World Food Prices Rise in March on Dairy Surge

Global food prices rose 1% in March, the United Nations' food agency said on Thursday, pointing to a surge in dairy costs, while cereals prices were little changed and seen facing downward pressure in coming months.

Food prices spiked over the summer of 2012 fuelled by a historic drought in the United States and dry weather in other major producers. Prices eased slightly towards the end of last year but have been nudging higher again for the past two months.

The Food and Agriculture Organisation's (FAO) price index, which measures monthly price changes for a basket of cereals, oilseeds, dairy, meat and sugar, averaged 212.4 points in March, up 1% from 210.7 in February and its highest since October 2012.

"All the dynamic this month comes from the dairy," said FAO senior economist Concepcion Calpe. "In general the situation is relatively calm."

FAO's dairy price sub-index jumped 22 points in March to 225.3, one of its largest changes ever recorded.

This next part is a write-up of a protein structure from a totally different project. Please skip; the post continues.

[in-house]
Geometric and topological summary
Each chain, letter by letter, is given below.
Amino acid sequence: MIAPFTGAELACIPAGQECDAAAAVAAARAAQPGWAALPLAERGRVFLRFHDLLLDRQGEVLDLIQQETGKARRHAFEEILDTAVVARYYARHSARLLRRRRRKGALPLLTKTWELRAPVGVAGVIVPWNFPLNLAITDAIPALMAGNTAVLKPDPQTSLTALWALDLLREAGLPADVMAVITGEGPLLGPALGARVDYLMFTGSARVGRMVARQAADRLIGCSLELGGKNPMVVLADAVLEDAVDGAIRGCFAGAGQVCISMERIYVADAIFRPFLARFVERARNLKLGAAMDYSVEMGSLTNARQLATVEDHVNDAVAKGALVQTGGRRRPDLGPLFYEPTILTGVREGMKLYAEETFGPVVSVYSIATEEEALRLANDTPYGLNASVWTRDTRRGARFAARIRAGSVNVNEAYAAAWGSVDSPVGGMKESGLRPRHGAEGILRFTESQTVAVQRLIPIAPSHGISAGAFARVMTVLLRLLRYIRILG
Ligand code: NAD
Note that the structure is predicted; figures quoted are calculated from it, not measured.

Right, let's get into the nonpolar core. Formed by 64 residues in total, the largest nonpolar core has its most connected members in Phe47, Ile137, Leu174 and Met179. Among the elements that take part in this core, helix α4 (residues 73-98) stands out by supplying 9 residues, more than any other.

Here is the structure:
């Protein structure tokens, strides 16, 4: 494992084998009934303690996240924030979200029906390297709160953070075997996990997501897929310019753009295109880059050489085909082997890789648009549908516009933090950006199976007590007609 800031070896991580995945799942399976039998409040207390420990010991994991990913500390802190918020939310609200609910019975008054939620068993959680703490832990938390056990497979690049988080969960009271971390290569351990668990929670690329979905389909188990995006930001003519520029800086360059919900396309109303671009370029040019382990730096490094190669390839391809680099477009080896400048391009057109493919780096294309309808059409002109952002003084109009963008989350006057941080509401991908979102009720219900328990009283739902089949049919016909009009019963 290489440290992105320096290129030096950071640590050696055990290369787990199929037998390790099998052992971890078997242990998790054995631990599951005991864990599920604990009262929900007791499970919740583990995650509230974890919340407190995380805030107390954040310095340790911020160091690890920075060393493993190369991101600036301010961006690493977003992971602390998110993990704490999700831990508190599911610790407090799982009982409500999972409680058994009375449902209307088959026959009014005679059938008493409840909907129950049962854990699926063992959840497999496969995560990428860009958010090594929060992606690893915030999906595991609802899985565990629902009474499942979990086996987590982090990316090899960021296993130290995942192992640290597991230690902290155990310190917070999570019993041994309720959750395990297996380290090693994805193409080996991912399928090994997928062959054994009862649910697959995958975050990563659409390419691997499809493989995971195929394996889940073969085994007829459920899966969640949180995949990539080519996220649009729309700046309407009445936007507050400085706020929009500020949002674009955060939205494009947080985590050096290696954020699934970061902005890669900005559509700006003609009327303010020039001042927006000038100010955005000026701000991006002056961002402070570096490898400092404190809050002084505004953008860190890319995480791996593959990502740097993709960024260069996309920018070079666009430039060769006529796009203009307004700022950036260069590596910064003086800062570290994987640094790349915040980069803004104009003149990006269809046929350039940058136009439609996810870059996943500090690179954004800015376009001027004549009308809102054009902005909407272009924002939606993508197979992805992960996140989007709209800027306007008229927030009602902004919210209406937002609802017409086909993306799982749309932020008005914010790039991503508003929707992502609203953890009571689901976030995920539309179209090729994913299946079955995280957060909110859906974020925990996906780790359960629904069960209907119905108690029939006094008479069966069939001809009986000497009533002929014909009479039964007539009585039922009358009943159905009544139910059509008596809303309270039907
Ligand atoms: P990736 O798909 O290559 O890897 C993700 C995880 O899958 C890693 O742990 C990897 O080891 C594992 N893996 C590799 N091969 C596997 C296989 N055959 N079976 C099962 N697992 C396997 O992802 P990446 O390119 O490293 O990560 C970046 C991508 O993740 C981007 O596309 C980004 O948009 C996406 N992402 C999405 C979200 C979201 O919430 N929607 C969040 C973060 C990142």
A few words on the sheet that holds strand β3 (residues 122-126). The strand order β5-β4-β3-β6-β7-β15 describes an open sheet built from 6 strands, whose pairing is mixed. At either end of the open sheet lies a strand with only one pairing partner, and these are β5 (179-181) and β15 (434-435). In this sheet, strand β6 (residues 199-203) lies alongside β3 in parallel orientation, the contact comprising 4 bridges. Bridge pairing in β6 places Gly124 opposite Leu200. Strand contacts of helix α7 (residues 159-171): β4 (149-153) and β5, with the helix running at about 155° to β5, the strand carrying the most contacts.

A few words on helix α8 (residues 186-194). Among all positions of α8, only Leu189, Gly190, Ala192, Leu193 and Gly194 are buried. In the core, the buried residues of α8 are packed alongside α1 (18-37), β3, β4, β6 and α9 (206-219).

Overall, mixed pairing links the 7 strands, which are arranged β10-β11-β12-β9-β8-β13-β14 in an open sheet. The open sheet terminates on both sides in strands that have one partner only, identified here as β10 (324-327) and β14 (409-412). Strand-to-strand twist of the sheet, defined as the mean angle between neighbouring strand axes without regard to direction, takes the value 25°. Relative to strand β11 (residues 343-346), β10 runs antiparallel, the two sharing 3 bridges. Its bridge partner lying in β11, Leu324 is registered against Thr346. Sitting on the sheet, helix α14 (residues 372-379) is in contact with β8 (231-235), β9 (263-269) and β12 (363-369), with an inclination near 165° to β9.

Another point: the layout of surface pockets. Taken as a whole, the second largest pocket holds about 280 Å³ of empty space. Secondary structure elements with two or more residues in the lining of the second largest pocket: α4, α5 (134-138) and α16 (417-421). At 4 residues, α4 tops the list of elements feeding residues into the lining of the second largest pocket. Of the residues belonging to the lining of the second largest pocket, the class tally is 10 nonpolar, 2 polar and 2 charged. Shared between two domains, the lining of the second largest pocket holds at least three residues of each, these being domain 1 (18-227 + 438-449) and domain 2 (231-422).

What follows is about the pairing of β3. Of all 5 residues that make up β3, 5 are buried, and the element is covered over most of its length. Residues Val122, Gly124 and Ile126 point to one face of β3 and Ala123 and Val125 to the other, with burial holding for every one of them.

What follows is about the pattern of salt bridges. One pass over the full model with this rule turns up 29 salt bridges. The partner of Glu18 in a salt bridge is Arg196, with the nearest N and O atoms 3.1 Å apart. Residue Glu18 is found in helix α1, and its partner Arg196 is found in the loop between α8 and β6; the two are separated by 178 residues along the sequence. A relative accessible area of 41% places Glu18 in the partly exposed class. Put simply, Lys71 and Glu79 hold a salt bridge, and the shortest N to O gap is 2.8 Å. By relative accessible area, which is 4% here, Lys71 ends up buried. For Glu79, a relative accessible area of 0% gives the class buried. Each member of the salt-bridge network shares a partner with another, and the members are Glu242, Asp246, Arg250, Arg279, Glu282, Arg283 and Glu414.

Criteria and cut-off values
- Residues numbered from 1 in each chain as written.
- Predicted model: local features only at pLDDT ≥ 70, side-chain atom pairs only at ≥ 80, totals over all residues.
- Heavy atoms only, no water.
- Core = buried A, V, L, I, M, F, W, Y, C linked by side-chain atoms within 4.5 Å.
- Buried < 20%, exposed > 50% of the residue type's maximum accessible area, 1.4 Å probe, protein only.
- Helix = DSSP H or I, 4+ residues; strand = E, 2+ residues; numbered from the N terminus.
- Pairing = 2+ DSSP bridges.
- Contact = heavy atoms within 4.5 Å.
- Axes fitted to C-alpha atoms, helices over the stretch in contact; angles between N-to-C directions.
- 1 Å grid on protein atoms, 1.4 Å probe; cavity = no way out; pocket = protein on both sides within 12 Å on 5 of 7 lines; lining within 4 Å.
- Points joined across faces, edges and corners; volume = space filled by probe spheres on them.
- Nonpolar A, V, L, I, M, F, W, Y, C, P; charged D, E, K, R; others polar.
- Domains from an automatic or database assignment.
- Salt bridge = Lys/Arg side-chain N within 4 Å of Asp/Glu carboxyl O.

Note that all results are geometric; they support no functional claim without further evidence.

The rise was fuelled mainly by prolonged hot, dry weather in Oceania which has hit pastures and led to milk production falling off steeply and a subsequent decrease in processing of dairy products, which include butter, cheese and milk powder.

FAO's dairy products index is based on prices in the world's largest dairy exporter New Zealand, which have climbed as buyers bid against each other to meet commitments.

A usual spring surge in milk production in Europe has also been slowed down by unfavourable weather limiting pasture growth, FAO said.

When pastures are hit by dry weather, cows produce less milk or need supplementary feedstuffs, which push up costs.

Cereals prices on the other hand were little changed, and Calpe said they could see declines in coming months due to the prospect of a strong recovery in output.

"We are optimistic for the coming crops. The previous year was particularly bad so barring something dramatic the direction should be upwards for production," she said. "If this is what happens we could see prices trending downwards."

Grain prices, which touched record highs late last summer, have been under pressure recently as acreage dedicated to crops has increased, reserves look fatter than previously thought, and livestock producers have cut herd sizes due to high feed costs.